Some shelters and traps of the Saami people of Lapland

When I was in Lapland in September, I had occasion to visit the Siida Saami Museum in Inari, Finland. This museum has lots of great information and exhibits on Saami culture, technology and history. This post focuses on the outside, open-air portion of the museum, which features a variety of shelters, traps and other structures of the indigenous people of Lapland. I was really impressed by the ingenuity and creativity of the people who made them. I only had a few rainy minutes to run through this part of the museum and take as many pictures as I could before it closed!

Lavvu tent frame

Lavvu with cover and fire ring in center

Half-lavvu

“Fabric goahti” frame inside museum

Fabric goahti with cover

Wooden lavvu

Inside wooden lavvu

Cauldron inside wooden lavvu

“Peat goahti”

Back of peat goahti

Not sure if this is another type of peat goahti or if it has a different name

Inside

Outside

Lapland-style cabin

Sawing rig (for ripping boards?)

Raised platform for hay (and animal pen below?)

Sled

Elevated storage shed

Gold-mining sluice

Small-mammal trap

Fox trap

Reindeer pit trap

Another trap (wolverine?)

Bear trap

Hope you enjoyed this look at some Saami handiwork!

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14 comments on “Some shelters and traps of the Saami people of Lapland

  1. Ron says:

    Very interesting! Very interesting indeed.

  2. Joseph says:

    Just started following your blog, and what a timely post! I’m an anthropology enthusiast and bushcraft hobbyist so this post is right up my alley. The peat goahti contains such intuitive genius in the design. Wooden but utilizing the abundantly available soil and fauna for warmth, protection, support, and camouflage. A beautiful marriage of a cabin, a cob home, and a hobbit hole. I have seen elevated storage sheds using four legs but haven’t seen a shed built on one leg. I’m a little confused as to how they are securing the shed to the log but it looks like it would deter predators better than a shed on stilts. I had never seen a pit trap before! I just may end up using that reindeer pit trap.

    • Thanks for the comment, and for following, Joseph! The primitive traps must have been pretty successful, and I imagine they provided a lot of the Saami’s meat before they switched from hunting/trapping to reindeer herding. I’m also into both anthropology and bushcraft, so I enjoy things like this as well. 🙂

  3. Ron says:

    You don’t happen to have more in depth and detailed pictures?
    Might make a very interesting post elsewhere. 😉

    • I couldn’t take more in-depth and detailed pictures because I had to race through the open-air part before the museum closed. 😦

      I have a feeling you’ll see this posted “somewhere else” shortly. 😉

  4. Charlie says:

    We call the elevated storage shed a “high cache” in Alaska… Same idea, just a different name.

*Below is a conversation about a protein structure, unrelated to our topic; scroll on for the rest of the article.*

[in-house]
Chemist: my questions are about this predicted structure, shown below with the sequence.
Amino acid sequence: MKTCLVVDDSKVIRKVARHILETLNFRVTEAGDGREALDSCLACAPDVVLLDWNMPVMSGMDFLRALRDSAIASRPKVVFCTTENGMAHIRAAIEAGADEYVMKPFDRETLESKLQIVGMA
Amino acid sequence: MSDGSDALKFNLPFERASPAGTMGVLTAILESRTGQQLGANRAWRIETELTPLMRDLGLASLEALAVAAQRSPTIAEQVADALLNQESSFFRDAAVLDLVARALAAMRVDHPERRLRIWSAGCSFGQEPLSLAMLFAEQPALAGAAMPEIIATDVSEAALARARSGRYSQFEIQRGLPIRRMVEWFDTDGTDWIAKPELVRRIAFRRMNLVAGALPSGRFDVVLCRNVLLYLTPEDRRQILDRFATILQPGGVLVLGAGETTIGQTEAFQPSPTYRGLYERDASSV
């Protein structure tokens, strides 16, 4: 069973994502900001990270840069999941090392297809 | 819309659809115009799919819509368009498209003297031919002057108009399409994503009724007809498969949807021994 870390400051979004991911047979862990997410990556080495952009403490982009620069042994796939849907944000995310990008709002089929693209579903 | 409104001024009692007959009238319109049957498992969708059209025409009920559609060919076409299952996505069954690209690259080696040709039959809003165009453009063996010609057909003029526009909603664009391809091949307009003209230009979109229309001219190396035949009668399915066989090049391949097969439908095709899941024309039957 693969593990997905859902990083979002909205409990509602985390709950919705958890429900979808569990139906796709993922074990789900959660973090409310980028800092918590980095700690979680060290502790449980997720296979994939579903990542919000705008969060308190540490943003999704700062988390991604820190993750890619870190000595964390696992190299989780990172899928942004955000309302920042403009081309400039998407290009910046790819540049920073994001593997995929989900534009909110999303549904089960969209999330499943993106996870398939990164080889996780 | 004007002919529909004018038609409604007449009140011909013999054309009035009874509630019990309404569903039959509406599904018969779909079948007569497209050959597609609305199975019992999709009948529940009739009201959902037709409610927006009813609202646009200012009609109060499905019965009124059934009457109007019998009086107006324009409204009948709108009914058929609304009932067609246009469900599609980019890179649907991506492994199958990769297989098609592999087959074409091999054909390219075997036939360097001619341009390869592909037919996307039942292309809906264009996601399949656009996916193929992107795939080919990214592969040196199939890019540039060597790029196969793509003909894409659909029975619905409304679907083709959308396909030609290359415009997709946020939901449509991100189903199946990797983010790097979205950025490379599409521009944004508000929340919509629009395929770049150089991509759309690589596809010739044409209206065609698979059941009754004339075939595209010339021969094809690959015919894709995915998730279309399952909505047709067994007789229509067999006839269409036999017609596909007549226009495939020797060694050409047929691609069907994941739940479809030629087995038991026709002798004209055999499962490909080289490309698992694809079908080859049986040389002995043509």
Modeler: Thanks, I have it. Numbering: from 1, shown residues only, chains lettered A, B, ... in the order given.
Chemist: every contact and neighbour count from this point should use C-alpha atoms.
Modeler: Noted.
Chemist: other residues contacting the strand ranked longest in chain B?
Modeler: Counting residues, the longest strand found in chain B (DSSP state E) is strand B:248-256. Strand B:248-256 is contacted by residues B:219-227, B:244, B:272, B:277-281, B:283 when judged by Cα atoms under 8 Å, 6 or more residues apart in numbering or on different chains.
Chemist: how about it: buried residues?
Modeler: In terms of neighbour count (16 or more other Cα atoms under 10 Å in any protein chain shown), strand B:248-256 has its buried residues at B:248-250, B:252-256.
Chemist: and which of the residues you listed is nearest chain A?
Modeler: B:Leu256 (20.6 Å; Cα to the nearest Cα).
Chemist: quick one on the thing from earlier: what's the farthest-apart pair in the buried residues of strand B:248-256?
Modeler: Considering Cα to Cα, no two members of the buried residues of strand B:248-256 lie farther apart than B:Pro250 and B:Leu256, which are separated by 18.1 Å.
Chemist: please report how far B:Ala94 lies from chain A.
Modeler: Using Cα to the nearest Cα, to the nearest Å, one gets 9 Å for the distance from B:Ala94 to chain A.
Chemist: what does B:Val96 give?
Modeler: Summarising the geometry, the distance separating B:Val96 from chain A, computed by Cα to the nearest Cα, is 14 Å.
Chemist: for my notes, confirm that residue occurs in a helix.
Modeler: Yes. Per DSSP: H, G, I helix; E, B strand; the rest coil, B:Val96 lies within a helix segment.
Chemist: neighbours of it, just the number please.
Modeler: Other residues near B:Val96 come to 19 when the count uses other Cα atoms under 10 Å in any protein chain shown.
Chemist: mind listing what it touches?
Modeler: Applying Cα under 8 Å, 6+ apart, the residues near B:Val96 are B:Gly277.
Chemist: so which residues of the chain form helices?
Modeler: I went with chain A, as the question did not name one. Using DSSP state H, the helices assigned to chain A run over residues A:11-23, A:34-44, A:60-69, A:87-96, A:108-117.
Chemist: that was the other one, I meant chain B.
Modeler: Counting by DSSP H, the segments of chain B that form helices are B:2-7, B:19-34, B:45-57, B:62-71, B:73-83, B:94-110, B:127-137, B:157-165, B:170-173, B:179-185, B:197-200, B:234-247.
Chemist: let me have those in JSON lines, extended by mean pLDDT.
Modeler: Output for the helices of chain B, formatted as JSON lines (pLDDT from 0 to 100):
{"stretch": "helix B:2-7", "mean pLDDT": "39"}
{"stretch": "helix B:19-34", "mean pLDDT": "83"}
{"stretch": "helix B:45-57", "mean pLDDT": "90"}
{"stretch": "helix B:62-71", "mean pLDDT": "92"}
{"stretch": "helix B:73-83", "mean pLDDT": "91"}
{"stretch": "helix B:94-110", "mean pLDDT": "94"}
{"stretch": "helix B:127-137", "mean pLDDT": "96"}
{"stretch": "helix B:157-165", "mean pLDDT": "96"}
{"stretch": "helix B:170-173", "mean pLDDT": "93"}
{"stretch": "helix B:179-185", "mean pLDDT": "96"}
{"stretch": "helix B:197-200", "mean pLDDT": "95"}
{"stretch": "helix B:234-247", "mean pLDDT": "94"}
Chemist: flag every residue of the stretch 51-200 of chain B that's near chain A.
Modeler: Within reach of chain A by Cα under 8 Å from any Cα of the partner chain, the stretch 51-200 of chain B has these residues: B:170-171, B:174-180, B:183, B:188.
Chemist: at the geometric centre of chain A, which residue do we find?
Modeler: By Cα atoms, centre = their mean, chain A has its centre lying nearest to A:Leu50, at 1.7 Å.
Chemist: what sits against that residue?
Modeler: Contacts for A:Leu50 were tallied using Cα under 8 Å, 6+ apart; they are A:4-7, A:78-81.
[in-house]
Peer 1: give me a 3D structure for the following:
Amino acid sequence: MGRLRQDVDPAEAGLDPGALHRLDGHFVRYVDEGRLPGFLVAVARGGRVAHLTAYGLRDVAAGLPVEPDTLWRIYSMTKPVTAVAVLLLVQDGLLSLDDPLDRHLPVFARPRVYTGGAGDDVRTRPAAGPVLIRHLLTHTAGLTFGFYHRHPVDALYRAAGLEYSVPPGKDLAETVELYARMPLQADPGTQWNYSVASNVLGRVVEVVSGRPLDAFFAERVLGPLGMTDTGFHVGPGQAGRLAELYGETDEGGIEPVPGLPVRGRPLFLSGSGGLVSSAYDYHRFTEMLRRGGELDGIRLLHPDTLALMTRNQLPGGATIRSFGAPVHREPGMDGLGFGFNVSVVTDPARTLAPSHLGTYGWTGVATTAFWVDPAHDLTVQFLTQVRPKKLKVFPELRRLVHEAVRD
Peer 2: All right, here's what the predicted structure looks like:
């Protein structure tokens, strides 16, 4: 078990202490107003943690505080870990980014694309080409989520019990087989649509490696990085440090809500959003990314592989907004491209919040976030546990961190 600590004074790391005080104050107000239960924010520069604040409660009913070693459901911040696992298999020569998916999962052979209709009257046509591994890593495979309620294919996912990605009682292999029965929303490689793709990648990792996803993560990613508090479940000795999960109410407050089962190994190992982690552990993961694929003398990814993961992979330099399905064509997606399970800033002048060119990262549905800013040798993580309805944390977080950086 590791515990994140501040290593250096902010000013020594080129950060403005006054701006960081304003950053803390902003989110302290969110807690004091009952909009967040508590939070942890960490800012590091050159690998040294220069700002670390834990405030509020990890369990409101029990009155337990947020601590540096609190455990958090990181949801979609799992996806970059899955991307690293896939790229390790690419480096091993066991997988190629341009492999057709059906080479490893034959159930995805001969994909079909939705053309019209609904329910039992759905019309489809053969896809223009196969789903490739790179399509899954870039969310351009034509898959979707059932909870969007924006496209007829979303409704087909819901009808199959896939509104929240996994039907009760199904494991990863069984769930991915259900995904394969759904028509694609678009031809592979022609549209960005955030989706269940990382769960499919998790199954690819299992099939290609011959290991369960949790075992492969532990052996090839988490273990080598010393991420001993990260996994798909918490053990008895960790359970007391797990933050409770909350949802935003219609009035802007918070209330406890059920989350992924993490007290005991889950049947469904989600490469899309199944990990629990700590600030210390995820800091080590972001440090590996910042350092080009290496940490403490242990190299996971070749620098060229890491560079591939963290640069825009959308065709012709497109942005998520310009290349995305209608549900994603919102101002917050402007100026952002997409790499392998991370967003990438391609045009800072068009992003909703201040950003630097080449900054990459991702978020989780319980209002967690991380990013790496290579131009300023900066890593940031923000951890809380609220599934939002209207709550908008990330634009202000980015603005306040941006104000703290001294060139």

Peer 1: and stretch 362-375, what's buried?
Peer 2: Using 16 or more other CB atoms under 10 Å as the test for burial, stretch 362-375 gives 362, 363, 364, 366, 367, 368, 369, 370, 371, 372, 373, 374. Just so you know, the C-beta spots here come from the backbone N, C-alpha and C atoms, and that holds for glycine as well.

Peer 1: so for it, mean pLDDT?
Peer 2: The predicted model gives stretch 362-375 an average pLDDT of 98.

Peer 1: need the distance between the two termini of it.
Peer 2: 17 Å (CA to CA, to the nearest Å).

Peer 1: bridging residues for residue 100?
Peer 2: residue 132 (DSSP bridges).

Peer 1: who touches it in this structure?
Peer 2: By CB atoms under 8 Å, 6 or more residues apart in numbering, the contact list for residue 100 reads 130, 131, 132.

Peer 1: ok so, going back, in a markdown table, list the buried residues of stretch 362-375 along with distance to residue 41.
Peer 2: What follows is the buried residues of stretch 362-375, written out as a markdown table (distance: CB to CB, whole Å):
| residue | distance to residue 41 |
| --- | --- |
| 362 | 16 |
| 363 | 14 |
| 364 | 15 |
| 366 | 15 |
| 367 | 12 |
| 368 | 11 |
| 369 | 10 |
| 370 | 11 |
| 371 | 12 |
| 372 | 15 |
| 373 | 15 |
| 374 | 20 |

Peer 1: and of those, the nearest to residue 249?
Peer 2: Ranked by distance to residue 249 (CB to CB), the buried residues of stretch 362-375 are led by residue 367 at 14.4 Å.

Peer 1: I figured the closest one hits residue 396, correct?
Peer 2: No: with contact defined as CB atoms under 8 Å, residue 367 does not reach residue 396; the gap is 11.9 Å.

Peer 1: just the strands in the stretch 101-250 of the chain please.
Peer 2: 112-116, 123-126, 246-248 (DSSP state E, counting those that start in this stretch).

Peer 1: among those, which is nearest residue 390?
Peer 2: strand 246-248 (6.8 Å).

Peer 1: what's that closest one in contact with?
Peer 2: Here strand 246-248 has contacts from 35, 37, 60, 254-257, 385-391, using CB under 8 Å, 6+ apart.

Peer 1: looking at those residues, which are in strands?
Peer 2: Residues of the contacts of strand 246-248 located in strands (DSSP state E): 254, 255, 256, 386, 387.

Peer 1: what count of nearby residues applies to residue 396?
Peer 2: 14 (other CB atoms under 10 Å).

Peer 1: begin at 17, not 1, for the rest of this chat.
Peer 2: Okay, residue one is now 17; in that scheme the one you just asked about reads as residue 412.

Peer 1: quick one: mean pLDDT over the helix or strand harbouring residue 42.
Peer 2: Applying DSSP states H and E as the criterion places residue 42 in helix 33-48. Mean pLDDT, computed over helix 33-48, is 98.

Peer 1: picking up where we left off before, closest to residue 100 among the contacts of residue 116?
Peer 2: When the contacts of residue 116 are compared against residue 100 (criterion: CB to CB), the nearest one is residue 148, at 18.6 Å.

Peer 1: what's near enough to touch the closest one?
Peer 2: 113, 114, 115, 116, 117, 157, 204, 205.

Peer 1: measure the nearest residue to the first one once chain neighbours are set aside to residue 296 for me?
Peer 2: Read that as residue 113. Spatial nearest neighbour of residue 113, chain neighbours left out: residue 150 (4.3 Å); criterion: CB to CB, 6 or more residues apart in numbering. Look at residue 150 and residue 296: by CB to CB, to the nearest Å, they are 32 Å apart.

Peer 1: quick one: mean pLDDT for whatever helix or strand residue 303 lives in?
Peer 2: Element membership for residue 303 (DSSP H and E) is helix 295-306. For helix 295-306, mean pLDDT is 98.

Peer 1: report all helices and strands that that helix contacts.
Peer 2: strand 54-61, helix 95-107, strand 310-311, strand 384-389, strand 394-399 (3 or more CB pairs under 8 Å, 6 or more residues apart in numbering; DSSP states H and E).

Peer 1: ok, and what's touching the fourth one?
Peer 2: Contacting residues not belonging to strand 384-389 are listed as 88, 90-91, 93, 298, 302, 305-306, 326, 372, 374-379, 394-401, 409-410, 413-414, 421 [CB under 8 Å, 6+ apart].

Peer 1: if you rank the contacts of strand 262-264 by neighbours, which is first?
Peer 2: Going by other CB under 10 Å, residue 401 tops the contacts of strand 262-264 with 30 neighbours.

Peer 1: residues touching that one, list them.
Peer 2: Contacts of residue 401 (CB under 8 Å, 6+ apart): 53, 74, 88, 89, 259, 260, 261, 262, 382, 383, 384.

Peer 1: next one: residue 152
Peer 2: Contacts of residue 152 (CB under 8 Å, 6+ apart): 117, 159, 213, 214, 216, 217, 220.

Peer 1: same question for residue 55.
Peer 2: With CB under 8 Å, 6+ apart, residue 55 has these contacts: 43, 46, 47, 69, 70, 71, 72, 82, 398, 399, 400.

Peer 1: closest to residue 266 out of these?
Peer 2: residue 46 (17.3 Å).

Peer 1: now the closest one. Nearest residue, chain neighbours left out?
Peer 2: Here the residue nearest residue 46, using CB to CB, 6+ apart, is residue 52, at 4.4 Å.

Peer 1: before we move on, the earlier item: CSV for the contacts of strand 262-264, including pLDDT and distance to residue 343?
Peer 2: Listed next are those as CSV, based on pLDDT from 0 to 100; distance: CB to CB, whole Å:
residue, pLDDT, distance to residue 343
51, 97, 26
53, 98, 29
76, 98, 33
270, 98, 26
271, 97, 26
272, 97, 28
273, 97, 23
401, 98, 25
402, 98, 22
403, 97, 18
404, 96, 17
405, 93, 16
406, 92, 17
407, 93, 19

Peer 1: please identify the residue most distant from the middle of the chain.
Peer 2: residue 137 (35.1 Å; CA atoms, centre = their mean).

Interesting to see that it was made from logs that appear to be cut by a saw, meaning that metal was available to construct it. Why no metal then around the pole??? We cut up old metal coffee cans and wrap the poles here. A metal “band” around the poles about half way up the pole and around two feet in height is enough to keep animals that can climb like squirrels and porcupine from being able to get their claws into the wood, thus securing the cache even more. Is this something that was intentionally or unitentionally omitted by the person who constructed this exhibit? I mean wouldn’t the museum want to be factually correct in their exhibit or are the problems with climbing animals in this area insignificant??? I’m not trying to discredit the museum, I’m just curious… I only mention this because I did my archaeological thesis on Athabaskan structures and through my research I discovered that even the oldest references to elevated storage or high caches mentioned metal “barriers” to prevent climbing animals… It just seems odd to me that since this is done here, that it would not be done there since because Alaska and Finland are so much alike in latitude and therefore terrain and wildlife.

    • Thanks for the comments, Charlie! I have never seen any old pictures or illustrations with metal around the pole of Saami structures like these, so I would guess that they didn’t do it. Maybe sheet metal wasn’t readily available/cheap in the old (and very old) days, or maybe there just wasn’t a need for such a barrier (I don’t believe there are any porcupines in Finland, and the small red squirrels are few and far between). I’m sure somebody knows the answer!

  5. Gary says:

    really enjoyed that – thanks

  6. BelgianBirkebeiner says:

    Wow, never seen something like that fox-trap before… What is the intention? Baiting so the fox will jump or climb onto the pole, getting stuck in between the fork in the process?

    cool post!

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